The final commentary studied was Commentary on the Old Testament by Keil and Delitzsch. Presenting the traditionally held view, Keil and Delitzsch not only agree with the superscripts of the Psalms, and therefore Davidic authorship, but they explore the Old Testament setting of each psalm. They hold that all four Psalms form a chronological series beginning with Psalm 6 where a proper fear of God forms around a transition from distress to complete confidence. In Psalm 38 we see David distressed over the realization of his self created situation. And the connection between Psalms 32 and 51 are best described by the authors themselves: “For a whole year after his adultery David was like one under sentence of condemnation. In the midst of this fearful anguish of soul he composed Ps. 51, whereas Ps. 32 was composed after his deliverance from this state of mind. The former was written in the very midst of the penitential struggle; the latter after he had recovered his inward peace.” Hence, Keil and Delitzsch’s presentation takes much more into account; they deal with the historical setting, they explore theological implications, and delve into the original text at a fundamental level. In the end, this commentary provides a deeper scholarly understanding of the text. Most important are the implications this view has upon faith. Here one sees a an individual who expresses a proper fear of God; who has a heart after God’s own heart; who understands that all sin is against God and God alone; and has repented. If one were to just read over these four psalms without any commentary you would come to the same conclusion, the author exemplifies a penitent individual. Therefore, a deeper understanding of these psalms is gained through reading the commentary by Keil and Delitzsch, which in turn can only broaden one’s faith and understanding of God.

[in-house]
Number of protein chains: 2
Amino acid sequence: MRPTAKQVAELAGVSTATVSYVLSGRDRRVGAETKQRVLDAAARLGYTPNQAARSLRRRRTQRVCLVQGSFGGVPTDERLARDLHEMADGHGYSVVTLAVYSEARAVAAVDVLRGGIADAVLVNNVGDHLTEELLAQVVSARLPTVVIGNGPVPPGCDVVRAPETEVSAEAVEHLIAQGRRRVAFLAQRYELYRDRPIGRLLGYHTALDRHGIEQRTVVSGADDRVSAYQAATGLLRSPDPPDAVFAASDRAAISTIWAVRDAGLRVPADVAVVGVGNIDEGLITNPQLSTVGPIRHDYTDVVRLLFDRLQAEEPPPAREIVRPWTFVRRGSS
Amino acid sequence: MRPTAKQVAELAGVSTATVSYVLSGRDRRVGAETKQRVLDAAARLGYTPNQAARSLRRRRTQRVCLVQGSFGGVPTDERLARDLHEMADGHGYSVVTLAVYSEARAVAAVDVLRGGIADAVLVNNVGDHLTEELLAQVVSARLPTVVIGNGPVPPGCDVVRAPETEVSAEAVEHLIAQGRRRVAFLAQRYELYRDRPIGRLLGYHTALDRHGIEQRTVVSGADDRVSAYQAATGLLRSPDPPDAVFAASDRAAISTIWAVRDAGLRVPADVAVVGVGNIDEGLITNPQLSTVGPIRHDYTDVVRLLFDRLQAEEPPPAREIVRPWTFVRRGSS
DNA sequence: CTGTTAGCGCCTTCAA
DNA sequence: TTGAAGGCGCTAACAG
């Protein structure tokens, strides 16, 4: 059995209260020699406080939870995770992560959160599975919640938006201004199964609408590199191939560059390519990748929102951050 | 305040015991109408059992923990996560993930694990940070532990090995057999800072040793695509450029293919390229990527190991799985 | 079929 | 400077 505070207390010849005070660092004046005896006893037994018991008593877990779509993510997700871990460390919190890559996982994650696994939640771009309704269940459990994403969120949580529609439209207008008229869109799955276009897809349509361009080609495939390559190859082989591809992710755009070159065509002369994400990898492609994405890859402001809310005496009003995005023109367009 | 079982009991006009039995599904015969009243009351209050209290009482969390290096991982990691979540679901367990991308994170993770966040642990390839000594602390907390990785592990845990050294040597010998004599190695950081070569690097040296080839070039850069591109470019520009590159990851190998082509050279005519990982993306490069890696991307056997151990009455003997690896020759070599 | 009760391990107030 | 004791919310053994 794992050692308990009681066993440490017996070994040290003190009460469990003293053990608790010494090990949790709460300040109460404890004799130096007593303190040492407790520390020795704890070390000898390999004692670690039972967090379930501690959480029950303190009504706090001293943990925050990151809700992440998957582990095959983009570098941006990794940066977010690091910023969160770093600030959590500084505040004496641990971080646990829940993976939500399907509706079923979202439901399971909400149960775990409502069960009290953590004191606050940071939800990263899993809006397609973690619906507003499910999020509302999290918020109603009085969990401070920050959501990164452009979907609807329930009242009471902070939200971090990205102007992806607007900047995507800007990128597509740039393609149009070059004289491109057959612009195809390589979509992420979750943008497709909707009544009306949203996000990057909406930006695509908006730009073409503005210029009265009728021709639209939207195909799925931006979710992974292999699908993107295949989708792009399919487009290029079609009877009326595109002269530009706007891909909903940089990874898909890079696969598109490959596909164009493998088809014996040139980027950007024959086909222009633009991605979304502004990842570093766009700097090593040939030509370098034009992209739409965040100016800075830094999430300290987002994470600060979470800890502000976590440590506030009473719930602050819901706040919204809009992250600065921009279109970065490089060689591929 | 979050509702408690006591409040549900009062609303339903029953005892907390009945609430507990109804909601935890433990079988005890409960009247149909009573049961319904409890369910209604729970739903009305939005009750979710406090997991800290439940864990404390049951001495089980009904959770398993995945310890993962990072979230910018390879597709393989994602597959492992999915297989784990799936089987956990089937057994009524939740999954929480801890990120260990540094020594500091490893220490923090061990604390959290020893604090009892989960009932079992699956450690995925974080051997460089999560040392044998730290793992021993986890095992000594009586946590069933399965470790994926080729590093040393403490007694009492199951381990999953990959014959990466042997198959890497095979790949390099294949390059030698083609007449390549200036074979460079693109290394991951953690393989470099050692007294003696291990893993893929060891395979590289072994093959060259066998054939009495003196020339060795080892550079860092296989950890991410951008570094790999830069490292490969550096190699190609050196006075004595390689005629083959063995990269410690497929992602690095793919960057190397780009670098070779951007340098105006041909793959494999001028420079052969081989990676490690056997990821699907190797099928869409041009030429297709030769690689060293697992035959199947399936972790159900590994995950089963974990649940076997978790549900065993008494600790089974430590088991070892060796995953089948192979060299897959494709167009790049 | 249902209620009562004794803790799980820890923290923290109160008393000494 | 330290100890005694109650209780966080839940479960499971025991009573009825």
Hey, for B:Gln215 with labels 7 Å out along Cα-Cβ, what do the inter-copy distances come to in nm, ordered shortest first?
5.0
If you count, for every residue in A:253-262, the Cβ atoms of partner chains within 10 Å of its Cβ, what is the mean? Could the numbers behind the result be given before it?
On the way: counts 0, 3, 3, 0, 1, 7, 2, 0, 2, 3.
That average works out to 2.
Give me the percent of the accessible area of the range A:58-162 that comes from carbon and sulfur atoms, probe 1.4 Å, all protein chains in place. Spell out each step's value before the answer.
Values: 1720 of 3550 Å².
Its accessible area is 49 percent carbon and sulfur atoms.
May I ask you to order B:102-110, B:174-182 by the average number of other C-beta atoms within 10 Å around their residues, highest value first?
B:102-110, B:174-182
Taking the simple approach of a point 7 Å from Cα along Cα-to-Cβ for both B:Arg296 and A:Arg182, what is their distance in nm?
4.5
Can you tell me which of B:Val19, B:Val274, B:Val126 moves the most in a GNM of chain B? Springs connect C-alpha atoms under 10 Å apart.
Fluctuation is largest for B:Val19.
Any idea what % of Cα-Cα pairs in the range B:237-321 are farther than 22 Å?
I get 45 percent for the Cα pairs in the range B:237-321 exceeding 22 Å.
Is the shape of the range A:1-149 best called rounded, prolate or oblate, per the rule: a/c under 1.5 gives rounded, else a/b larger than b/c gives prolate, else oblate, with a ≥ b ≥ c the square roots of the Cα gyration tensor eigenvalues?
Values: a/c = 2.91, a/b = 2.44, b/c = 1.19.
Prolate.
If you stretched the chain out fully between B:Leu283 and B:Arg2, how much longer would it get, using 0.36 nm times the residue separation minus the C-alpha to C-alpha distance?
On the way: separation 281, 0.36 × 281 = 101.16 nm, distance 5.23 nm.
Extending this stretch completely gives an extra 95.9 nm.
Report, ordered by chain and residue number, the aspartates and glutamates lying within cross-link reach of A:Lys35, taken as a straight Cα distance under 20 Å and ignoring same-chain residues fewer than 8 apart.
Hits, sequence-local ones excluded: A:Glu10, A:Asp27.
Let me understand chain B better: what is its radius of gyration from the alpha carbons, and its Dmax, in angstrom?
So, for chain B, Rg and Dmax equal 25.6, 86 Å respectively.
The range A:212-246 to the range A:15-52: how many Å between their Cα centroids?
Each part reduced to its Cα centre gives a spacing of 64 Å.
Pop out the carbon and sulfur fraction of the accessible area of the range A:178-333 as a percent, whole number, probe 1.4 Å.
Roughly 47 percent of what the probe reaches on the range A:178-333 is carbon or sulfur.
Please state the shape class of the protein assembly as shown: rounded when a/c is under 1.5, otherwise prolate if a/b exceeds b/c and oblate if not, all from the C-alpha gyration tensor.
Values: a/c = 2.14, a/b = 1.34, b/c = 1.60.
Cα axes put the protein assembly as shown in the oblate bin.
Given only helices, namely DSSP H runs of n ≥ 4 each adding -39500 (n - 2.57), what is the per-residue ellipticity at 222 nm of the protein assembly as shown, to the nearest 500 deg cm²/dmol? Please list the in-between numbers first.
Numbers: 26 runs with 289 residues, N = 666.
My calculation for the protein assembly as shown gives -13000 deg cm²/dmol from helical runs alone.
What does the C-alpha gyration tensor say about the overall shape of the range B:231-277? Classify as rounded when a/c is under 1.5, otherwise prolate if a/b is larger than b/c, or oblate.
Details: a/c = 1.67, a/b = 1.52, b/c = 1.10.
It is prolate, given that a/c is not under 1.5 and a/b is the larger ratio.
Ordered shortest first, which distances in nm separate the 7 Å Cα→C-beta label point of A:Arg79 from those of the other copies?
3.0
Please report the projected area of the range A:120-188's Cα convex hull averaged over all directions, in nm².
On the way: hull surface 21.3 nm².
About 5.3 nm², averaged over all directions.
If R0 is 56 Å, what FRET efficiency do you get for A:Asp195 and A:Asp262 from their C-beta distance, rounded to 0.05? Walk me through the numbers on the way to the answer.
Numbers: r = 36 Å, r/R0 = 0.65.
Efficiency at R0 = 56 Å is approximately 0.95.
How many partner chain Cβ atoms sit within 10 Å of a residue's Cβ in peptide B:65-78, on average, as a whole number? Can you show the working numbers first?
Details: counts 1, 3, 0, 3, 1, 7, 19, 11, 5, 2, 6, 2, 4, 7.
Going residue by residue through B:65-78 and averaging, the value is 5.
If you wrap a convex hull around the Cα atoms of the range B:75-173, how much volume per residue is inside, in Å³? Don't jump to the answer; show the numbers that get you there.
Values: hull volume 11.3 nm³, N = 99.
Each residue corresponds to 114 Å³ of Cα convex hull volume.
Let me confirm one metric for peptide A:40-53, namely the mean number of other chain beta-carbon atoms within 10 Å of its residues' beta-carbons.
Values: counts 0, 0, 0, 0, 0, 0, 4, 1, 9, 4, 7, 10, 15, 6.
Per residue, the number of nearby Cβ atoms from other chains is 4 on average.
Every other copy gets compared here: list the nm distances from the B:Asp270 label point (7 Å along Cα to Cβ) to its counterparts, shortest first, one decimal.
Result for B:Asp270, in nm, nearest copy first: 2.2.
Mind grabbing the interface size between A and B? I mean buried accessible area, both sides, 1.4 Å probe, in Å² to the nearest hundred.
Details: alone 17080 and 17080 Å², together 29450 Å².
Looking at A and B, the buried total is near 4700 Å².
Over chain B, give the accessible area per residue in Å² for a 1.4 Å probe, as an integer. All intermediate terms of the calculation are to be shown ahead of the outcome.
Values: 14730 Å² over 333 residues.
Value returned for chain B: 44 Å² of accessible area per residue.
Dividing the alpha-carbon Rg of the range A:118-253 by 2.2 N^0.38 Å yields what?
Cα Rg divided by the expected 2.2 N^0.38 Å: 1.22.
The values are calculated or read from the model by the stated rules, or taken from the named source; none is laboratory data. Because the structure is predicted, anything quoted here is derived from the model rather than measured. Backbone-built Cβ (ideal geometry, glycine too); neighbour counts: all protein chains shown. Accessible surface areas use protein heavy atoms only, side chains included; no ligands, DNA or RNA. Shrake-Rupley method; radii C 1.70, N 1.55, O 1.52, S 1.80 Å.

In conclusion, commentaries on the Psalms can drastically affect one’s faith. By removing the historical context of a Psalm, fundamental absolutes begin to break down. Faith in God, and what God has done for His people is altered by what we read. This is not to say that reading is bad, by no means; but reading must always be done against the backdrop of established Scripture. Discernment in choosing study aids is essential to today’s church; for each generation establishes itself upon the foundation of the prior generation. If churches today teach and/or preach without the benefit of discernment, a watering down of faith and understanding God’s purpose for His chosen will result. Worship will continue to change from glorifying God to an experiential incident. Faith will become ambivalent and essentially an unnecessary element in our churches unless clear Biblical discernment is employed.


[1] For a complete presentation on each psalm and subsequent authors’ views, please refer to relating posts; links are provided at the top of this post.

[2] Terrien, The Psalms (pp. 110-116, 294, 328, 403-410).

[3] Goldingay, Psalms (pp. 134-141, 452-454, 538-552).

[4] Goldingay presents the following possible associations: 1) addressed to David; 2) belongs to David; 3) for David, or a Davidic king; 4) for David to learn from; 5) on behalf of David; 6) about David (i.e. historical event); or 7) authored by David (Psalms, p. 12).

[5] Keil and Delitzsch, Commentary on the Old Testament, vol. 5 (pp. 78-82, 251, 289-292, 365-366).

[6] Ibid., pp 251-252.